Data Visualization

Blog of the Data Visualization & Communication Course at OSB-AUB

This is my favorite part about analytics: Taking boring flat data and bringing it to life through visualization” John Tukey

Cruisin’ to Safety: Analyzing US Traffic Accidents and Steering Towards Safer Roads

Cruisin’ to Safety: Analyzing US Traffic Accidents and Steering Towards Safer Roads

Rising Traffic Accidents

The rise in traffic accidents in the United States poses a critical threat to public safety and disrupts the efficiency of road networks. This trend not only jeopardizes lives but also undermines the reliability of the transportation system, leading to unpredictable and dangerous road conditions. Additionally, these frequent incidents have significant economic implications, straining resources and impacting the broader economy. In 2019, the National Highway Traffic Safety Administration (NHTSA) estimated the economic cost of motor vehicle crashes at $340 billion, nearly 2% of the U.S. GDP. Beyond immediate costs, these accidents strain emergency services and disrupt the transportation of goods, affecting productivity. The current state of road safety in the U.S. presents a significant challenge, with 1.7 million traffic accidents recorded in 2022, with the majority recorded in California. This alarming figure is not just a standalone concern; it is projected to escalate to an estimated 2.7 million by 2025. Such an increase not only signifies a growing risk to public safety but also hints at underlying issues in traffic management and driver behavior. The most telling evidence of this problem is its direct impact on traffic flow. Approximately 80% of these accidents significantly disrupt traffic, leading to delays, increased travel times, and economic costs associated with lost productivity.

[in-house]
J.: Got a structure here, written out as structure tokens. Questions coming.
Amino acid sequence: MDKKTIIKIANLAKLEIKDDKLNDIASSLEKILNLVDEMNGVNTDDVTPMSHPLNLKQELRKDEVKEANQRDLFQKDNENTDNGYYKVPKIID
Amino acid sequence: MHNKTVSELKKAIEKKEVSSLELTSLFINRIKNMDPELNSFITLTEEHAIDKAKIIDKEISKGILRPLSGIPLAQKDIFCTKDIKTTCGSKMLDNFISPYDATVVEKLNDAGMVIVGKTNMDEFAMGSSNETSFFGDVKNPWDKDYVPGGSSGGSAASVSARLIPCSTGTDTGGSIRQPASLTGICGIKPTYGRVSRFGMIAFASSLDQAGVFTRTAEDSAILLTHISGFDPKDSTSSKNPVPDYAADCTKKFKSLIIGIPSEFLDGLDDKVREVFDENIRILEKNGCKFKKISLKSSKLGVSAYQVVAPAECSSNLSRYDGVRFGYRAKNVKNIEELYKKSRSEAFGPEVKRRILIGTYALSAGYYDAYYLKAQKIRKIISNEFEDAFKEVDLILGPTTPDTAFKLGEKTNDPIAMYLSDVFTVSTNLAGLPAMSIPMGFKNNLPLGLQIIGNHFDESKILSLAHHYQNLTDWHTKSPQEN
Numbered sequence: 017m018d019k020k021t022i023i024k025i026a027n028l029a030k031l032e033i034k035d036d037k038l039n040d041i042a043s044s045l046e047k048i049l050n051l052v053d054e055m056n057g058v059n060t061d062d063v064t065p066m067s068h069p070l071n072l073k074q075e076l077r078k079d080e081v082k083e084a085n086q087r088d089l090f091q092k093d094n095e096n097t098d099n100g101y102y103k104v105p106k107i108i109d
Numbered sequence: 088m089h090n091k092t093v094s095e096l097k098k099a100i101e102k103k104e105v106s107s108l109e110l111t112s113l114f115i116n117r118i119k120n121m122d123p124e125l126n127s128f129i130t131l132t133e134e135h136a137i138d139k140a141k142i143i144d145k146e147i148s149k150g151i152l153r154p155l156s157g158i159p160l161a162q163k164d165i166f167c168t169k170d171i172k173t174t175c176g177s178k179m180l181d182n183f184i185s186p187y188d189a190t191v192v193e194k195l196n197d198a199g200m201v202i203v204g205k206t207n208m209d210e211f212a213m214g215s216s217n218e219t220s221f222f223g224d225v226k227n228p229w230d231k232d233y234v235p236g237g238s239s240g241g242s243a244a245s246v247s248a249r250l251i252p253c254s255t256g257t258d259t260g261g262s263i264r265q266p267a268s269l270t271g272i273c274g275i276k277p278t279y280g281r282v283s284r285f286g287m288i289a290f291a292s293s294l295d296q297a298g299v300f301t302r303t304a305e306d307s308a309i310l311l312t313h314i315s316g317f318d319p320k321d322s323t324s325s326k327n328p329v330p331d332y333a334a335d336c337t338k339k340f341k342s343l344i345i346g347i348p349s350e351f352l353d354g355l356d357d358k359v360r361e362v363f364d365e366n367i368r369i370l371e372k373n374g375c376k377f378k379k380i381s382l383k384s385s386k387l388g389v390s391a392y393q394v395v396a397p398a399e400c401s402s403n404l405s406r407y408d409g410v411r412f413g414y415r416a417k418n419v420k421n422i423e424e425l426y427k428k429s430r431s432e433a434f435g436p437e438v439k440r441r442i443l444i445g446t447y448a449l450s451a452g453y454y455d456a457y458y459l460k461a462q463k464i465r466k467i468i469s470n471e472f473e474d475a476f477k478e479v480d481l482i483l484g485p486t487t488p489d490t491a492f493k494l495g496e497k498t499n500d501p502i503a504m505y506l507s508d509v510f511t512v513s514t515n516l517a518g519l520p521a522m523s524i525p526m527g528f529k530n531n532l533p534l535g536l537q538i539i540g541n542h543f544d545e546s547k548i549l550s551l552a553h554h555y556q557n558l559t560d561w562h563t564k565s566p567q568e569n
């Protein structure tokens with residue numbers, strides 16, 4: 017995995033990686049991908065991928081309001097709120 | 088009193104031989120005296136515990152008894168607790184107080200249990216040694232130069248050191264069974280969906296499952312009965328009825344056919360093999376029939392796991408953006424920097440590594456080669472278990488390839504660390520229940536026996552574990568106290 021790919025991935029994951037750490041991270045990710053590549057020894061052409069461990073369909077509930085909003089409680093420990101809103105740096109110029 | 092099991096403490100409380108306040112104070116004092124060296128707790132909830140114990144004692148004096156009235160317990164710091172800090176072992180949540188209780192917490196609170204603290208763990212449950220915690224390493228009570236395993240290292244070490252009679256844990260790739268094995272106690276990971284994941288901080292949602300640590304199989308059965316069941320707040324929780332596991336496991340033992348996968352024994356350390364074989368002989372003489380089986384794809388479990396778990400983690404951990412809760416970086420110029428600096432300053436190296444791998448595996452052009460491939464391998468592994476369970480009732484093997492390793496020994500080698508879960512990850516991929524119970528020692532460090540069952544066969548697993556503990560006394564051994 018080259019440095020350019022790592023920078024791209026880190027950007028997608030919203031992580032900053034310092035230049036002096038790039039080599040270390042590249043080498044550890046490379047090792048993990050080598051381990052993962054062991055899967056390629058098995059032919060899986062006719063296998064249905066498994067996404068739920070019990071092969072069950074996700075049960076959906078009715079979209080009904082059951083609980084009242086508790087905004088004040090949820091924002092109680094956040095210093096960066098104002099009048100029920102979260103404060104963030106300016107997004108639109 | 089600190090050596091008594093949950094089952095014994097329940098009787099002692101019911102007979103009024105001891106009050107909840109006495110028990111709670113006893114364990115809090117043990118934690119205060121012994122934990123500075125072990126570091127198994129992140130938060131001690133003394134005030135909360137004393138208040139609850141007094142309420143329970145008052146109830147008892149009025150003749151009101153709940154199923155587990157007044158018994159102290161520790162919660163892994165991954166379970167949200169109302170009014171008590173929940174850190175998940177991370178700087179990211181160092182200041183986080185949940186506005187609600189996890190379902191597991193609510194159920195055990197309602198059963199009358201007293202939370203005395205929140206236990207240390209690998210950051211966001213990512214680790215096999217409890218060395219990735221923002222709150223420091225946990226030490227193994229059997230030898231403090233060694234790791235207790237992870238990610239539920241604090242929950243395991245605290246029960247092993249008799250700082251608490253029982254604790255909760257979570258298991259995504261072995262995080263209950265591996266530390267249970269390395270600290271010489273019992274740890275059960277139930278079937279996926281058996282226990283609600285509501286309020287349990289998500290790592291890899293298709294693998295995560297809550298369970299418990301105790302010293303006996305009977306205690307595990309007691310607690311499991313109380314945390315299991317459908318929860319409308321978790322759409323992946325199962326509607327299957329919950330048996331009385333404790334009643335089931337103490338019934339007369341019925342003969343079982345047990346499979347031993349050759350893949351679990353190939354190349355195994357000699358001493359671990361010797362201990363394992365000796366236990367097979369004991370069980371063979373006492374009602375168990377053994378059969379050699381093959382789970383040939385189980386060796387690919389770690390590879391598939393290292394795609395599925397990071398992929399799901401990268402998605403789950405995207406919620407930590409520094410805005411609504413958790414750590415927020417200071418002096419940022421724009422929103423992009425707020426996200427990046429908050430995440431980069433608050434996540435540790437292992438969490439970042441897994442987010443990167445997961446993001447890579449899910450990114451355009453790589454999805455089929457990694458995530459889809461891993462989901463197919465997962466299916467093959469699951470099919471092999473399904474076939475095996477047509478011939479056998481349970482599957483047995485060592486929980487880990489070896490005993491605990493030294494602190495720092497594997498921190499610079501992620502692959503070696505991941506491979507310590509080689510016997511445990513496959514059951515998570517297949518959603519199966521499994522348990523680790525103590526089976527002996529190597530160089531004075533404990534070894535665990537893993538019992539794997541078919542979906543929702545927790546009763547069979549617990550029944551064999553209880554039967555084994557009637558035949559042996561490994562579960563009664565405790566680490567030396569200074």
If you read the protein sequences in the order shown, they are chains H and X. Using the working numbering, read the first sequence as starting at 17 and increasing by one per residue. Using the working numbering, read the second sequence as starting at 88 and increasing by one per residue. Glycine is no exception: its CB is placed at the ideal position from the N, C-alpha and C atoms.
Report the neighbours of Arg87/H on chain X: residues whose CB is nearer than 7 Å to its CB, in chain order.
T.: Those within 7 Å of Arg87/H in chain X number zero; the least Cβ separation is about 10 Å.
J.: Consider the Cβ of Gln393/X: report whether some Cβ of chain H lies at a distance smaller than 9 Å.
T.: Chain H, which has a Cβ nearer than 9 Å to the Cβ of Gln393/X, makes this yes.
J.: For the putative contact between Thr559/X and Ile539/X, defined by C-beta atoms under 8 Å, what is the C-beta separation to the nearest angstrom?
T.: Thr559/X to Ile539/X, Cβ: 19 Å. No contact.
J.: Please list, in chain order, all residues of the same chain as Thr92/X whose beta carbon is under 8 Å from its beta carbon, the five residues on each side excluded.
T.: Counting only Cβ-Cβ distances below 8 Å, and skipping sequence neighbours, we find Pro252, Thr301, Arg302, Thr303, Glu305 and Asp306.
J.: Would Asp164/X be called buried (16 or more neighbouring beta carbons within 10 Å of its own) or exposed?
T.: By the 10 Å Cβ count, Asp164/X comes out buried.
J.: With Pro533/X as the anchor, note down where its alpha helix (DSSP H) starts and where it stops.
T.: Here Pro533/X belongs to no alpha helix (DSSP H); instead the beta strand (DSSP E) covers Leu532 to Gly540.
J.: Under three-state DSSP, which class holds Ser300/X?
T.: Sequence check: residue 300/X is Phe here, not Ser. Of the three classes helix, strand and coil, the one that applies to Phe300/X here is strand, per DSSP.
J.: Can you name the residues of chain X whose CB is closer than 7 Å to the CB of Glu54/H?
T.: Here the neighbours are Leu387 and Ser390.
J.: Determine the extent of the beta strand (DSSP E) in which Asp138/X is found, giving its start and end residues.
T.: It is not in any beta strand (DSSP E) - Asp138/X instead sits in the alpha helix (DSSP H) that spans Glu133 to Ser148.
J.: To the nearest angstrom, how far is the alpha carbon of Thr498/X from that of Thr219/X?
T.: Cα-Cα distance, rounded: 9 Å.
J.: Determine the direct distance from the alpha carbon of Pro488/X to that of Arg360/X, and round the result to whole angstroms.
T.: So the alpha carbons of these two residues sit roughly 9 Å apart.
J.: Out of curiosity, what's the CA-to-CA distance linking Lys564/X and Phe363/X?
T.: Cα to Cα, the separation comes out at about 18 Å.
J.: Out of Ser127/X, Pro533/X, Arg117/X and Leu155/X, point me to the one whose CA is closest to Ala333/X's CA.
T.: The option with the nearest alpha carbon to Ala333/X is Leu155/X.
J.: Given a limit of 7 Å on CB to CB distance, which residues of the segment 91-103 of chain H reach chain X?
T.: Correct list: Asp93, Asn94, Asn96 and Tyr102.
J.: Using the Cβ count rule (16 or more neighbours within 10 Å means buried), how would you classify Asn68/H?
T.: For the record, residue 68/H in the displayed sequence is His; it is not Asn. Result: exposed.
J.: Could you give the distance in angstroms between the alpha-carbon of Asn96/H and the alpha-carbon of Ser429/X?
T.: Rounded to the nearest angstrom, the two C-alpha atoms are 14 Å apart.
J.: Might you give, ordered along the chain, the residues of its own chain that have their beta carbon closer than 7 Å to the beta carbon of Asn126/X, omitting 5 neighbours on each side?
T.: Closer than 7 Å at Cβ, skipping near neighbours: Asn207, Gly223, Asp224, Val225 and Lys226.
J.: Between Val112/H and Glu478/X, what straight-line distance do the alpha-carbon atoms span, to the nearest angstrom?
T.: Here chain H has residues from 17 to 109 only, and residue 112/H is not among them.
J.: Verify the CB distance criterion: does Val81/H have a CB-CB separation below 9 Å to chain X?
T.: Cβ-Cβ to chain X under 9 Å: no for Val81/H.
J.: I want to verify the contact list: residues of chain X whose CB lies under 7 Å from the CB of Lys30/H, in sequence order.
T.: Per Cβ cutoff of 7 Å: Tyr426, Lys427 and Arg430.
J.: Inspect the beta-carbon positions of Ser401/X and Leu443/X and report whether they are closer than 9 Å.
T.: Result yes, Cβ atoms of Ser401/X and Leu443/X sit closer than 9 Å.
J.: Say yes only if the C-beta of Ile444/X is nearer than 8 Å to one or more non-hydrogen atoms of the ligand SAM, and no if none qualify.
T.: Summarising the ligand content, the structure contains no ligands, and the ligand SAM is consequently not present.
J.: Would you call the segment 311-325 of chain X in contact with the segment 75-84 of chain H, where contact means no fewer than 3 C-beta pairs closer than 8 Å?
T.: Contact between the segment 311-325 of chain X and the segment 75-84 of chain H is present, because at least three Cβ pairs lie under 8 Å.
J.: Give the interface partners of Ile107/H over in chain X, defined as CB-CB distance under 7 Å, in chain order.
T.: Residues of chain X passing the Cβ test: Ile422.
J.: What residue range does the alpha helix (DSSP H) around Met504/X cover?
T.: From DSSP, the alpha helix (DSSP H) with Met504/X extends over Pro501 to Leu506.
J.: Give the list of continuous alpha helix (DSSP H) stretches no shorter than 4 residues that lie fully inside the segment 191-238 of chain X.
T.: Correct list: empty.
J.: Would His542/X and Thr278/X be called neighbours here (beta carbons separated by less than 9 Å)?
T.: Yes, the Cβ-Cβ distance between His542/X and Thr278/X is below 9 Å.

Factors Behind US Traffic Incidents

When addressing the challenge of road accidents, a critical first step is identifying the root cause, which literature suggests can be attributed to either Road Conditions or Driver Behavior. Analyzing the data reveals a notable trend – a significant proportion of accidents occur in optimal weather conditions, free from rain or snow that could compromise traction. Equally, visibility does not emerge as a primary factor, with over 90% of accidents transpiring when visibility extends beyond 3 miles. Intriguingly, the majority of accidents unfold during peak traffic hours, indicating a prevalence of low to medium-speed collisions. Importantly, the data suggests that road design is not a predominant issue in these accidents. This underscores the imperative of delving into driver behavior as a key focus for addressing and mitigating the high frequency of road accidents.

The majority of accidents unfold at key intersections—stop lights, junctions, and crossings—marked as conflict points. These areas pose heightened risk as drivers executing left or right turns must seamlessly merge with oncoming traffic while yielding to vehicles with the right of way. To address this challenge, various mitigation measures can be implemented. Introducing turning loops, employing stop signs, and incorporating give-way protocols are among the strategies aimed at enhancing the safety of these critical points. These measures are designed to streamline traffic flow, clarify right-of-way assignments, and ultimately contribute to a reduction in accidents at these high-risk locations by reducing the need for decision-making by the driver.

Recommended Mitigation Measures

To address the escalating issue of car accidents, particularly those stemming from complex driver decision-making at intersections, a targeted approach is recommended. This approach involves implementing specific traffic management solutions designed to simplify the decision-making process for drivers, thereby reducing the likelihood of accidents. The key elements of this strategy are as follows:

1. Turning Loops:

  • Purpose: Turning loops, also known as dedicated turning lanes, provide a designated space for vehicles to make turns without disrupting the flow of through traffic.
  • Implementation: These loops are often marked by dedicated lanes with clear signage, allowing turning vehicles to enter and exit the flow of traffic more safely.
  • Efficiency: Turning loops have demonstrated a high efficiency rate of 94%, making them a highly effective solution for managing turning movements at intersections.

2. Stop Signs:

  • Purpose: Stop signs are effective in controlling the movement of vehicles at intersections, ensuring that drivers come to a complete stop and yield to oncoming traffic before proceeding.
  • Implementation: Placing stop signs at appropriate points within an intersection helps regulate traffic and minimizes the risk of collisions, especially in situations where the right of way needs clarification.